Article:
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Running the Scrum-of-Scrums: Agile Program Management

16 March 2012

Bryan Zarnett
Redhook Solutions Inc.

Scrum scales so that large, multidimensional projects that cross departments, teams, and traditional boundary lines can be managed using the same protocols and logic of a fundamental, small-team project. The key to this scalable element is the Scrum of Scrums, known in traditional parlance as "program management."

Where most ScrumMasters or Agile program managers fail in this large-scale environment is in the nuances of communicating and coordinating multiple teams. To be specific, the same tool set used to run a small Scrum team is not used for a collective of teams. Just because you have a hammer doesn't mean you can cut wood with it (the "golden hammer" antipattern).

An APM (Agile program manager) is a ScrumMaster who manages a collection of small projects that might or might not be using Scrum (or be development-related at all). In a large organization, an APM might be coordinating efforts across various software development and operation teams, or across teams that include marketing, distribution, and offshore resource groups. The APM needs to acknowledge the fact that not all teams are running Scrum or using Agile practices and needs to coordinate expectations appropriately. The APM also needs to consider the fact that not all Agile teams are created equal or maintain the same values.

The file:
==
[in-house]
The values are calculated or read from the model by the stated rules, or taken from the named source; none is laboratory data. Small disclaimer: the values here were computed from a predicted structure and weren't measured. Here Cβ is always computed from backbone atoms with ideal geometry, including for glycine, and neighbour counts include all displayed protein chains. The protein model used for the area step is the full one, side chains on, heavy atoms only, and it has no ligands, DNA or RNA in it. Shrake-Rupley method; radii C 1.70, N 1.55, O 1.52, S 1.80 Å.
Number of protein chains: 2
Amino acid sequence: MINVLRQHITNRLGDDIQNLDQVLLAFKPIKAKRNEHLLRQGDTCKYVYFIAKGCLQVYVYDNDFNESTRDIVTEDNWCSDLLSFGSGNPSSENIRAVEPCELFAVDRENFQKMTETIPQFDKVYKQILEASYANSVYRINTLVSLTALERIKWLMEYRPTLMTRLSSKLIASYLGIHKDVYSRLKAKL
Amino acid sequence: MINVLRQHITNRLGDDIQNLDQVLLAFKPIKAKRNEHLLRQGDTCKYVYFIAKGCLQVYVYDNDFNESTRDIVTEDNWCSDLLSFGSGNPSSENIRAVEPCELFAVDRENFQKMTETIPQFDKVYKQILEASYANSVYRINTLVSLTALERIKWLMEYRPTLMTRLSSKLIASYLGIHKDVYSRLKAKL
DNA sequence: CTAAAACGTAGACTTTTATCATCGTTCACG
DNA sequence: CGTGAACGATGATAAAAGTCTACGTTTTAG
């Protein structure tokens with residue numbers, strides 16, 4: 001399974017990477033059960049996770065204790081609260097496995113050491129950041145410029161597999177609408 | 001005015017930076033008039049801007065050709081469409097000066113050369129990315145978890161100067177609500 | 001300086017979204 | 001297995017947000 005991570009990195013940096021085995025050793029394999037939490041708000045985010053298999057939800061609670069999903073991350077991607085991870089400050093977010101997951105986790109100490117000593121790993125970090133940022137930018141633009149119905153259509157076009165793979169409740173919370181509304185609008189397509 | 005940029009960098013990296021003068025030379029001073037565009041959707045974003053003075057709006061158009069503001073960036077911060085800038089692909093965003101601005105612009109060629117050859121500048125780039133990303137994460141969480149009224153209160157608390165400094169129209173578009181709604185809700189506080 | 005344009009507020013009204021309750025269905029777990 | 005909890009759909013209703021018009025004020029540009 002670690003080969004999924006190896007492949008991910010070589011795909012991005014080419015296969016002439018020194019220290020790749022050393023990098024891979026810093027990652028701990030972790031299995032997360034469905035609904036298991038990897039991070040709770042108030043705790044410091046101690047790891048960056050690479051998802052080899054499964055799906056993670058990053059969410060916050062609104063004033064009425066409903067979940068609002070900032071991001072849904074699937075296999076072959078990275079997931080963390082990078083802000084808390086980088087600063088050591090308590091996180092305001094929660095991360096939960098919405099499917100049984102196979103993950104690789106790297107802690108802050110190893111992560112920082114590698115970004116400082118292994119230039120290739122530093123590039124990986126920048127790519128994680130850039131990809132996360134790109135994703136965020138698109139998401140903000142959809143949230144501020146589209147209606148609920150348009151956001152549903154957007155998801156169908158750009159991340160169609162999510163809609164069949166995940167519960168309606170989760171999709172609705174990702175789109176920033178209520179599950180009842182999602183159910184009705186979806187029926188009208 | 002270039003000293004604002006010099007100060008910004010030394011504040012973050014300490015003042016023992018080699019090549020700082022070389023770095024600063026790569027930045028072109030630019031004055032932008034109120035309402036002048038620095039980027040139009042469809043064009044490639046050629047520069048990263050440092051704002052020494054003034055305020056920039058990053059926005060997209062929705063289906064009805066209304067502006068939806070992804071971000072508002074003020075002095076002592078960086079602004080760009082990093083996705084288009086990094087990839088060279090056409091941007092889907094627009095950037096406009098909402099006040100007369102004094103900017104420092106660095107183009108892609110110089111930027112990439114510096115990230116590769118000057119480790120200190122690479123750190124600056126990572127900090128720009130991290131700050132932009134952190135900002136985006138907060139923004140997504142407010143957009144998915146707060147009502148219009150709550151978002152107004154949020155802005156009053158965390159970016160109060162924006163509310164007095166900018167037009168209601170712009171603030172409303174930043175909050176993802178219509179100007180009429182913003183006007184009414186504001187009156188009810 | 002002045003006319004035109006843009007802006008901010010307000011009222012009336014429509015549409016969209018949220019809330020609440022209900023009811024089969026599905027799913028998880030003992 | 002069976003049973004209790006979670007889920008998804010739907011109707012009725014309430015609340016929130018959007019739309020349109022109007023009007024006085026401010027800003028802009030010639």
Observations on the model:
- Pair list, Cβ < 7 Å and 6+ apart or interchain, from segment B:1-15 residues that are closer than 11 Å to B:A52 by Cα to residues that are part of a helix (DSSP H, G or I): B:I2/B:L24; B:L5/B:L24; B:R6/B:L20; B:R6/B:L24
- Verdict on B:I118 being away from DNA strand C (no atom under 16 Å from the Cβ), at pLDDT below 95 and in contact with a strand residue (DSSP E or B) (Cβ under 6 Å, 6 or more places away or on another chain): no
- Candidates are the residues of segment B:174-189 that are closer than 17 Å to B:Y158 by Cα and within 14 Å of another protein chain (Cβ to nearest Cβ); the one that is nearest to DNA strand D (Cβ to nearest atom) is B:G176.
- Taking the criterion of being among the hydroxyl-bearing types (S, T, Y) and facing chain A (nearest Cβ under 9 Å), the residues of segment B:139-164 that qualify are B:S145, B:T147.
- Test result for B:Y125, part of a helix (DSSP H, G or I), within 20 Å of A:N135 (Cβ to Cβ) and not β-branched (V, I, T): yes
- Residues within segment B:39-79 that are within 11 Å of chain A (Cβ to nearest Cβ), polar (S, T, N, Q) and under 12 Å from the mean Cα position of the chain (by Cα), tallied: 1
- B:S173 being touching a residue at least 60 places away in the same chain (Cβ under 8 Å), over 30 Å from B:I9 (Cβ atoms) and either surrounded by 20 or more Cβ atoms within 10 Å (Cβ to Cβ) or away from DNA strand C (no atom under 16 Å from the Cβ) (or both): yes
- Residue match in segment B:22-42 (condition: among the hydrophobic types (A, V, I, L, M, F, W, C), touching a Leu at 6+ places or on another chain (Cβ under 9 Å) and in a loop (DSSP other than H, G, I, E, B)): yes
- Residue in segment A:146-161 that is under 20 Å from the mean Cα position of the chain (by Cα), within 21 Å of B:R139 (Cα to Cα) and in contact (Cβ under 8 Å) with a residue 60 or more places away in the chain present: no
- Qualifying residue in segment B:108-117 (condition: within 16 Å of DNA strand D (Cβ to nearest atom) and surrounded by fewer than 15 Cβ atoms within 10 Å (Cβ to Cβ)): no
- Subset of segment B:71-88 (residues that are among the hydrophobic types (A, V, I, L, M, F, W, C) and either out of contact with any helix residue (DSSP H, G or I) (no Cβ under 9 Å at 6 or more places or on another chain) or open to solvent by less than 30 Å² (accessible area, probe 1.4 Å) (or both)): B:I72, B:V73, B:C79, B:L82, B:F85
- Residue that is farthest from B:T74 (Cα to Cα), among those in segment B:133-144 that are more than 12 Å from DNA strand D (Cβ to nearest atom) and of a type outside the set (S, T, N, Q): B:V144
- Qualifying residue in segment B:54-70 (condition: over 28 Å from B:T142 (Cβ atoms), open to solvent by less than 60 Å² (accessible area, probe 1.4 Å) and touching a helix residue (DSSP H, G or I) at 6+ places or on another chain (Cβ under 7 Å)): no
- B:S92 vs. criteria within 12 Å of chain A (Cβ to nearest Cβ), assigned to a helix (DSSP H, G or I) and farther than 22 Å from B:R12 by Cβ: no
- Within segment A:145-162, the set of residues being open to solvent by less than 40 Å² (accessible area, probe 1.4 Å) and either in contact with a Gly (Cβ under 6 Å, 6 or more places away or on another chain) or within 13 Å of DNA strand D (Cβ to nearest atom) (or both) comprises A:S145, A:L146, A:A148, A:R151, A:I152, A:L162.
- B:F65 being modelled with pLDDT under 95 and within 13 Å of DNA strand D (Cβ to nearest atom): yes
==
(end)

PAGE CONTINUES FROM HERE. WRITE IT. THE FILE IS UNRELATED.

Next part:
So what are the APM's responsibilities?

  • Track and coordinate the program portfolio and its dependencies
  • Ensure that each project has a direct responsible individual
  • Manage collective activities, issues, and risks
  • Keep everyone informed
  • Advocate the process and protocols

Now let's take a look at what's involved in making this process work.


The program portfolio

The program portfolio is a map that coordinates all the epics for each team in your portfolio. This stoplight-coded worksheet shows each epic to be delivered for a release, and it shows the week the epic is intended to be complete and available for shipping. The portfolio is fluid and needs to be updated as iteration plans and traditional project plans slip or alter dates.